It seems all of the pieces have fallen into place at Vision-Aire Farms, LLC in Fond du Lac County. Beyond the neat-and tidy appearance from the road, visitors find a family working in unison and a dairy herd churning out high quality milk.
None of this happened by accident. Clear communication and a laser’s focus to detail are the ingredients for success at a farm recently recognized as one of the six top dairy herds for milk quality in the United States.
Roger Grade (who treats planning ahead as a hobby) and his wife, Sandy, are transitioning the farm they purchased in 1972, to a trio who each specializes on their preferred area of work: their son, David, their daughter, Janet, and her husband, Travis Clark.
“It was the best decision we ever made,” Janet said of returning home to farm in 2010.
Janet Clark is a 2015 graduate of the Wisconsin Farm Bureau’s Institute leadership course. The mother of three projects a sense of purpose and calm while wearing many hats. She cares for the calves and does its bookkeeping. She works part-time for Rural Mutual Insurance Company, and she connects with consumers on social media about farming.
Her brother, David, specializes in the farm’s crops and machinery. He conducts the farm’s equipment repair, mixing of feed and field work on nearly 1,000 acres of owned and rented land. He also provides custom planting, baling and harvesting for a number of other farms. David’s wife, Torrie, is a kindergarten teacher and they have three children.
Her husband, Travis, focuses on the cows. He and employee, Cory Tavs, milk the herd together every day at 4:30 a.m. and 4:30 p.m. in a double eight parlor with a low-line milking system that was built in 2012. They follow a written milking procedure that spells out a protocol for predipping, drying teats with a paper towel, stripping out foremilk, attaching the milking units and post-dipping after the milking machine has been automatically taken off. The cows are housed in a tunnel ventilated barn that was retrofitted from stanchions to free stalls in 2012.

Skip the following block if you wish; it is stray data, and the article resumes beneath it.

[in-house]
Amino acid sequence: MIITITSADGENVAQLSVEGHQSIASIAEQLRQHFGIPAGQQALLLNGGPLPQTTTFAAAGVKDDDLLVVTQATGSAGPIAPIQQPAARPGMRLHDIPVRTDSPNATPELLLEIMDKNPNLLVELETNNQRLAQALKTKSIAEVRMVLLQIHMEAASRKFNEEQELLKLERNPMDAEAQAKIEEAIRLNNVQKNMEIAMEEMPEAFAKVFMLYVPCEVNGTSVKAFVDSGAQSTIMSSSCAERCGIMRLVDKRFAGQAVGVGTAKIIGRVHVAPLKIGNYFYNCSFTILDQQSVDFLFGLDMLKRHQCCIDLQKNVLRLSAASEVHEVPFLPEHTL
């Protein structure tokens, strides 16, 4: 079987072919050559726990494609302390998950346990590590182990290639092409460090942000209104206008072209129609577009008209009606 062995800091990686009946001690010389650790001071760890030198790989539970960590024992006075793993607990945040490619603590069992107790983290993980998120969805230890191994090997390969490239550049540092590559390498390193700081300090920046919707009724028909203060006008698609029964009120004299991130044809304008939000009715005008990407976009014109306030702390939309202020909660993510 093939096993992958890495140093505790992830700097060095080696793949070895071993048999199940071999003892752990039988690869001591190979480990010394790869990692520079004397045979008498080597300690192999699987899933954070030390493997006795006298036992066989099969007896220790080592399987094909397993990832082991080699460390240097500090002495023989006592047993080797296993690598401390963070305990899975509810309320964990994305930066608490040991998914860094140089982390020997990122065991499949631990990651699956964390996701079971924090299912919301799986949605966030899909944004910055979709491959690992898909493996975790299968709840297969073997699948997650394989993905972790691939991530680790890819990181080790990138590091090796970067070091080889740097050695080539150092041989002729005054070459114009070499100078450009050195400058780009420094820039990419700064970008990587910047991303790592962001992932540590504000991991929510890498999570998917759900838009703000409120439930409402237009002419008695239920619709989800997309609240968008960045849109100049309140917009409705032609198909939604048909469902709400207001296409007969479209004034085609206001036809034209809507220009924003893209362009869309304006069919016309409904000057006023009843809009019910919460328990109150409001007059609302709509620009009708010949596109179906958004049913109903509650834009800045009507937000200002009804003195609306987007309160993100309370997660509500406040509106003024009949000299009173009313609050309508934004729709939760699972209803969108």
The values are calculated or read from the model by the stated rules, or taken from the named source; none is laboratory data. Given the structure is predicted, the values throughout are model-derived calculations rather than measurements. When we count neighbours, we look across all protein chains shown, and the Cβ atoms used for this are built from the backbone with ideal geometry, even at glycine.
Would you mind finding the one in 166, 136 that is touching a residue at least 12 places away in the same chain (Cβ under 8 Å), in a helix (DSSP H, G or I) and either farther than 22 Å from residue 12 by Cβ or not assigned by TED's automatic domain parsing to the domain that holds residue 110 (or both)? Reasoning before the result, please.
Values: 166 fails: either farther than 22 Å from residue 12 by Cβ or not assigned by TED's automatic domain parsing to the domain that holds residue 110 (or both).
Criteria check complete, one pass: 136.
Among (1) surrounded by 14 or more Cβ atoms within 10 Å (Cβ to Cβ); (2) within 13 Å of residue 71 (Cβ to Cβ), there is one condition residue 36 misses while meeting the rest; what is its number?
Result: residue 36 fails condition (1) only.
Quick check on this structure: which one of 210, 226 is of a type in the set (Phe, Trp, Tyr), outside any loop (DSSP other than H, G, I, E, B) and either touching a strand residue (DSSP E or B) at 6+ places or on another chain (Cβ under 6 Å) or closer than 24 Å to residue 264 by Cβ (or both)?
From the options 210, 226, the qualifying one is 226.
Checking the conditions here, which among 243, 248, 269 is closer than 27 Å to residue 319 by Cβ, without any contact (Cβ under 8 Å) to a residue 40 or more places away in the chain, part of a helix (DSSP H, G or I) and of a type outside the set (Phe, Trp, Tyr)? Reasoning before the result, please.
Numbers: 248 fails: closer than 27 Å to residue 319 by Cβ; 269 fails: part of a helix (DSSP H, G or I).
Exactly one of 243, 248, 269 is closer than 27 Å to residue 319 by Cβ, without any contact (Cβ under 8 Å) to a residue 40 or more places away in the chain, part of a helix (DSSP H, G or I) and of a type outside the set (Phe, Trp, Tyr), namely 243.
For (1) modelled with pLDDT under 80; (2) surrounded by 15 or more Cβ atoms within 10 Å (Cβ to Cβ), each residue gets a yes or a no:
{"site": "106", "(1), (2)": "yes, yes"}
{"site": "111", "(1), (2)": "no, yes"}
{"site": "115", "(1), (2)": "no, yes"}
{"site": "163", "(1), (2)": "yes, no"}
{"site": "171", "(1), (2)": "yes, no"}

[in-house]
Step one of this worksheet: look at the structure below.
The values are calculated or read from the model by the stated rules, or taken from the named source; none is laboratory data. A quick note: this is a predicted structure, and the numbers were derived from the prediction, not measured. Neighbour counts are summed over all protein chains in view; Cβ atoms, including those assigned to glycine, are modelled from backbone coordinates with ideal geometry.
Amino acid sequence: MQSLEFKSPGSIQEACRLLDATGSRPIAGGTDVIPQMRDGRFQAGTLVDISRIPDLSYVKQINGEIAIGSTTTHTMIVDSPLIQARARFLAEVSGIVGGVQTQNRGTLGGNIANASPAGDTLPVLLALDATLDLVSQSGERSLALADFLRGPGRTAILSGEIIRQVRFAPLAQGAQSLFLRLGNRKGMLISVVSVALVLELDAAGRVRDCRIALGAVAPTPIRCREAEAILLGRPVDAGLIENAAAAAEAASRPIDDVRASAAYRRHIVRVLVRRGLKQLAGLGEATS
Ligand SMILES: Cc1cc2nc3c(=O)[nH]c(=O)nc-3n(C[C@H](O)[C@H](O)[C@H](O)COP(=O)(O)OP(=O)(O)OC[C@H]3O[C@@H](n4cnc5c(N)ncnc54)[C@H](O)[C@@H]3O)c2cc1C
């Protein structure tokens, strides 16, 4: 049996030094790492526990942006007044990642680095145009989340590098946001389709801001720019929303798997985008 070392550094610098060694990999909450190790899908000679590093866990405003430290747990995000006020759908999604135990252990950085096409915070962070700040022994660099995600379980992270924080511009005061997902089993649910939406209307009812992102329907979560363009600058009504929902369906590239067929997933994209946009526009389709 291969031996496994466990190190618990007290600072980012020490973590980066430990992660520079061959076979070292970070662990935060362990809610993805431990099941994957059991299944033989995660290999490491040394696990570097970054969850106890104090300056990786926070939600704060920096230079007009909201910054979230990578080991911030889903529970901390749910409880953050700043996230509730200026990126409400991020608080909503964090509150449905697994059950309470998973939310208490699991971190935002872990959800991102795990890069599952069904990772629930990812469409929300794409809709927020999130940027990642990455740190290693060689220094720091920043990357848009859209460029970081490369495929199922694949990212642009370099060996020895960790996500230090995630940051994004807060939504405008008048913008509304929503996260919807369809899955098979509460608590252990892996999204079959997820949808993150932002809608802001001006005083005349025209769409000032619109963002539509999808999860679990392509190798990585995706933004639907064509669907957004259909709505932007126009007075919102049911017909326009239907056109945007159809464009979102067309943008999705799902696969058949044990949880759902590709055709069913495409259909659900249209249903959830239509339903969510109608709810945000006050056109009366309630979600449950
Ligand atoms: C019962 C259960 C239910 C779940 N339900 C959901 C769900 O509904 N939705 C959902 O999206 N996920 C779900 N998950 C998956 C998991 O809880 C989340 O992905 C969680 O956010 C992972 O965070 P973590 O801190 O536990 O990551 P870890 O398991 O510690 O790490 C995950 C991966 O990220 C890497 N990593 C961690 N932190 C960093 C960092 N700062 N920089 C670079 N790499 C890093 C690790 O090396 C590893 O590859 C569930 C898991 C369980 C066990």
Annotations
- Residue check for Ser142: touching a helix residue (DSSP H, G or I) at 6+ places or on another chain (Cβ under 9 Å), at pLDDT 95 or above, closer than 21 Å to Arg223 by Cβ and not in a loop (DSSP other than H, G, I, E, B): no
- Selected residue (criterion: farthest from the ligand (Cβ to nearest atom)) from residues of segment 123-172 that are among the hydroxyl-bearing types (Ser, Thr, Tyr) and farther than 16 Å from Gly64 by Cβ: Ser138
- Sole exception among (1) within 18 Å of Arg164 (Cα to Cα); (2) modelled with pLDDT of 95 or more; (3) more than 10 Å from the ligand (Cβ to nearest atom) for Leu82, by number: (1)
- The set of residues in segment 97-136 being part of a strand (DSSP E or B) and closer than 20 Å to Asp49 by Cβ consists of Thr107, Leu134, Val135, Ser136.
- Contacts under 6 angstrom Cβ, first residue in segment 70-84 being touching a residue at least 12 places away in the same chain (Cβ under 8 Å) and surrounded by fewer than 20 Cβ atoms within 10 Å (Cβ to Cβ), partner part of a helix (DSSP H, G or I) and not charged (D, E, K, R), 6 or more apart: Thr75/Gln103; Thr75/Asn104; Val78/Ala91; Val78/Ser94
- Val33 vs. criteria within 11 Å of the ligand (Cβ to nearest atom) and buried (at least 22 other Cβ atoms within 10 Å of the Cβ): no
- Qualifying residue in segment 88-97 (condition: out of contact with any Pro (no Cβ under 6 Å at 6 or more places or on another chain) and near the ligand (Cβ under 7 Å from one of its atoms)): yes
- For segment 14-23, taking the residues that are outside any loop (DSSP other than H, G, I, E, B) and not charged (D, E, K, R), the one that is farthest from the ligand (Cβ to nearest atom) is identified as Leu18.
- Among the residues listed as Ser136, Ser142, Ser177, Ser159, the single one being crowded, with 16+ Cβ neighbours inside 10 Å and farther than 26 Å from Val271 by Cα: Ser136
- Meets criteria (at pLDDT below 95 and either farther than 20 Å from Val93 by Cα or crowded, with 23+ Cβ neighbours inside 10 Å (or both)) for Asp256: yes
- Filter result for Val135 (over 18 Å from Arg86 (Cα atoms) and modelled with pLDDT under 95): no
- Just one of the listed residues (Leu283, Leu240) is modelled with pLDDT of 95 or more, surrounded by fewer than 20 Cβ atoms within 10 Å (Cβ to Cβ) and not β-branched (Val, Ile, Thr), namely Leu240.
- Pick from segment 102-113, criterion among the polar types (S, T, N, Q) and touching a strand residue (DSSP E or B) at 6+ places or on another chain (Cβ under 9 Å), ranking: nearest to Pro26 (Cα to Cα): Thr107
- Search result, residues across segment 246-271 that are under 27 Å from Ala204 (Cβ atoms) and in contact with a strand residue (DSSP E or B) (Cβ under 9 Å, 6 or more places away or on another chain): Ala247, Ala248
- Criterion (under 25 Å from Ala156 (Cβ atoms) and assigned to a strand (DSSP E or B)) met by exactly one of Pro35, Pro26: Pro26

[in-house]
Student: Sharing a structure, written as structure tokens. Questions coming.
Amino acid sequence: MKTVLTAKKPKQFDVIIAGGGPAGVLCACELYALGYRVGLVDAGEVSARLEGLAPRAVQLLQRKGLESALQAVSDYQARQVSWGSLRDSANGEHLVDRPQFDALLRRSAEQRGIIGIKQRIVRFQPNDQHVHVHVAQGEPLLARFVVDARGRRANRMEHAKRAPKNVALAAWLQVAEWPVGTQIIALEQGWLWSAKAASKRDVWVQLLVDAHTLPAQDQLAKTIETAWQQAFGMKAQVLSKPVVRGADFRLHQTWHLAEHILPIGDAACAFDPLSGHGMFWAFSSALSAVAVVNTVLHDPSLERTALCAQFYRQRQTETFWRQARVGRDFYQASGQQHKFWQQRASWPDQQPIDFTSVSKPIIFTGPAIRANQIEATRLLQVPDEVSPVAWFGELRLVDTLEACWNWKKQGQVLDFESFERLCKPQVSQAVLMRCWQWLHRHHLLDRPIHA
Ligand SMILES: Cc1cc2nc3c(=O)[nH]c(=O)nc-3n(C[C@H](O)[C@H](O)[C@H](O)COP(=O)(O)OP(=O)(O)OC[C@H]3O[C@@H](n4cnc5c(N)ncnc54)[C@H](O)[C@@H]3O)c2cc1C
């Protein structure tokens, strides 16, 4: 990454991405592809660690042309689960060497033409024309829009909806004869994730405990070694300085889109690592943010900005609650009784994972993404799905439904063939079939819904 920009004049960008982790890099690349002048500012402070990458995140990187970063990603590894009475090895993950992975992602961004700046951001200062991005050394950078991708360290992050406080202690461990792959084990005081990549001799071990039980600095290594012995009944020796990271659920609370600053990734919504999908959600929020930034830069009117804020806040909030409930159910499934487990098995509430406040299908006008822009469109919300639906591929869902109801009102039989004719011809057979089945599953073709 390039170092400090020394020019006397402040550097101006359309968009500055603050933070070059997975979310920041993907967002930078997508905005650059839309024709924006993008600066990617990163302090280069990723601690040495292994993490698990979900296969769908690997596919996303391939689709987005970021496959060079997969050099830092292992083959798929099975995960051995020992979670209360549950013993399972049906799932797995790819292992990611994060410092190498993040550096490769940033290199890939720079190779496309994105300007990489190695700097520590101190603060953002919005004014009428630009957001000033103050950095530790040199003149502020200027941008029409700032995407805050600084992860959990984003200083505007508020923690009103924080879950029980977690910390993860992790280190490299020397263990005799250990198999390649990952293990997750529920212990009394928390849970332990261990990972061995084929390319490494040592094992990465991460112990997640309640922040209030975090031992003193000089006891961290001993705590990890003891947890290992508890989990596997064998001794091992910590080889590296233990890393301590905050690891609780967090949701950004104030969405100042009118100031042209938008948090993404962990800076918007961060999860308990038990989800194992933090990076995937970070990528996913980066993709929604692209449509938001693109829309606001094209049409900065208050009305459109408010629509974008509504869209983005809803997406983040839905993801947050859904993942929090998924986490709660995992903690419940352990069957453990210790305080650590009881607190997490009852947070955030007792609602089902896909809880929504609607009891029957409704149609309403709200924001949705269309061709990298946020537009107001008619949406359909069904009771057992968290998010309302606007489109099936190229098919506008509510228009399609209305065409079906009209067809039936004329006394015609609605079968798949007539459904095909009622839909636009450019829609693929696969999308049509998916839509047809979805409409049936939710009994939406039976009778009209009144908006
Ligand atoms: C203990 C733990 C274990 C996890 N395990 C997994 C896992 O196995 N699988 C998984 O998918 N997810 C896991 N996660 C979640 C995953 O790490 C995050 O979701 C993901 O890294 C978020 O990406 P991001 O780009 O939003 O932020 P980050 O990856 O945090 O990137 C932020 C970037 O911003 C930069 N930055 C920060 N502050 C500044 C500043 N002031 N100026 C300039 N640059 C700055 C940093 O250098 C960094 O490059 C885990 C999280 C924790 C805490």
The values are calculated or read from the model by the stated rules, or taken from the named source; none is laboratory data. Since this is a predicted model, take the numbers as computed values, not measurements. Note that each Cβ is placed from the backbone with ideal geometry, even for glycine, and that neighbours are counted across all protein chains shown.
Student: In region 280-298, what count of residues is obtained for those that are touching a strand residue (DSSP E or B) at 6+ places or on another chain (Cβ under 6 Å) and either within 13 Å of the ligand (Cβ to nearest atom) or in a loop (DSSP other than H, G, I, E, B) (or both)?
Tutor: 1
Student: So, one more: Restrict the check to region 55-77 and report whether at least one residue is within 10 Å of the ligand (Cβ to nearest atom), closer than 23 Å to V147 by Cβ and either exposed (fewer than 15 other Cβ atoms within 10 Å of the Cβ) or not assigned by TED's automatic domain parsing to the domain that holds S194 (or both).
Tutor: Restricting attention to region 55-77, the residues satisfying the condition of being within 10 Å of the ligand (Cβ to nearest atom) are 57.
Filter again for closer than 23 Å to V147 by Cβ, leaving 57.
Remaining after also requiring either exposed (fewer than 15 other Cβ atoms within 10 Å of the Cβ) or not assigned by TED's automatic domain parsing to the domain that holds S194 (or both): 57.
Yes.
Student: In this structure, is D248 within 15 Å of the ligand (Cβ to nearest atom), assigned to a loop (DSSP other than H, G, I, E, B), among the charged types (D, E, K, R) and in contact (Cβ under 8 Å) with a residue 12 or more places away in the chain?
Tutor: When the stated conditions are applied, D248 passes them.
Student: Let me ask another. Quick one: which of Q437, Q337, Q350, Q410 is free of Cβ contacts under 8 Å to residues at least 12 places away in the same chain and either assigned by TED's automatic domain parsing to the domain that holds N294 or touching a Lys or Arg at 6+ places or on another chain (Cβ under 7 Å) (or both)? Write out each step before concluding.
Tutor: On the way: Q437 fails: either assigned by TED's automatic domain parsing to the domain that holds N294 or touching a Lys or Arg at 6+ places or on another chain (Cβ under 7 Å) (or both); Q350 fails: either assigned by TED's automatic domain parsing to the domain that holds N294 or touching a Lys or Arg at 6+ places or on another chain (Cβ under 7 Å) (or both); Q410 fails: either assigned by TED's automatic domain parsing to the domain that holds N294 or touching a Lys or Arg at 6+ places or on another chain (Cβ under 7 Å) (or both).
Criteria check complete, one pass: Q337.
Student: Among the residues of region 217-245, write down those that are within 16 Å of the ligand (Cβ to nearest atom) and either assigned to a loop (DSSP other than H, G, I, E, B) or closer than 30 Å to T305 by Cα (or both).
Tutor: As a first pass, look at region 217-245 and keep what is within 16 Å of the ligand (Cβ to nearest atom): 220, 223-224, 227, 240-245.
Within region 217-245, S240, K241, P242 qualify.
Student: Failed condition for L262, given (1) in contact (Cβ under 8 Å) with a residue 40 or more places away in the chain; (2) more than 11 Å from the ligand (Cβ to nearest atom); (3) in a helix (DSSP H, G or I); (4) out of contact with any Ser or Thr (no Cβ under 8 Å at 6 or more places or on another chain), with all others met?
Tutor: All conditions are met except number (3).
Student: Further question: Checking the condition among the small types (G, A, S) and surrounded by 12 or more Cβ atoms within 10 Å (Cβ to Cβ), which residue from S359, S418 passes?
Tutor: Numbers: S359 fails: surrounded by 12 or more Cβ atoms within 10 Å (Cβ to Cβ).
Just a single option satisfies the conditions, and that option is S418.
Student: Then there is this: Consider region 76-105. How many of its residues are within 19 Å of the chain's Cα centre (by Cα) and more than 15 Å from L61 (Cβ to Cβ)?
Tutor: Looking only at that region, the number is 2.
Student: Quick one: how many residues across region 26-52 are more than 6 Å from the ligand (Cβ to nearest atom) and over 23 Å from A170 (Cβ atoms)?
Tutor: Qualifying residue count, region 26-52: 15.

Travis is a firm believer that routine is important to cows. Sand bedding for the herd is applied on the same day each week and stalls are raked twice daily. He pours over the herd’s daily and monthly production reports. The farm’s milking protocols were based off of recommendations from their equipment supplier, Central Ag Supply, that observed how Clark and Tavs milked the cows.
“I listen to everything Pam Reugg has to say,” Travis said.
Reugg is a UW-Extension milk quality specialist and dairy science professor at UW-Madison.
Calves at Vision-Aire Farms are the products of an investment in good genetics and an accelerated feeding program. Young calves are fed two gallons of pasteurized milk daily and kept in hutches until weaned. From there they move to a row of super hutches until nine months of age when they go to a custom heifer raiser. They return to the farm when they are confirmed 60-days pregnant.
The herd boasts many big, strong two-year old cows giving more than 100 pounds of milk per day. The herd of big, registered Holsteins has a 26,782 rolling herd average and a 58,000 somatic cell count average. With the milking herd at its maximum capacity (due to the longevity of the cows and sexed semen being used on first-calf heifers) some cows are being sold to other dairies.
Going by the book has meant selling a cow giving 110 pounds of milk because her somatic cell count was too high, but it has all paid off. The Clarks received a National Dairy Quality Award from the National Mastitis Council in Arizona earlier this month. They were nominated for the award by BelGioiso Cheese, which buys their milk.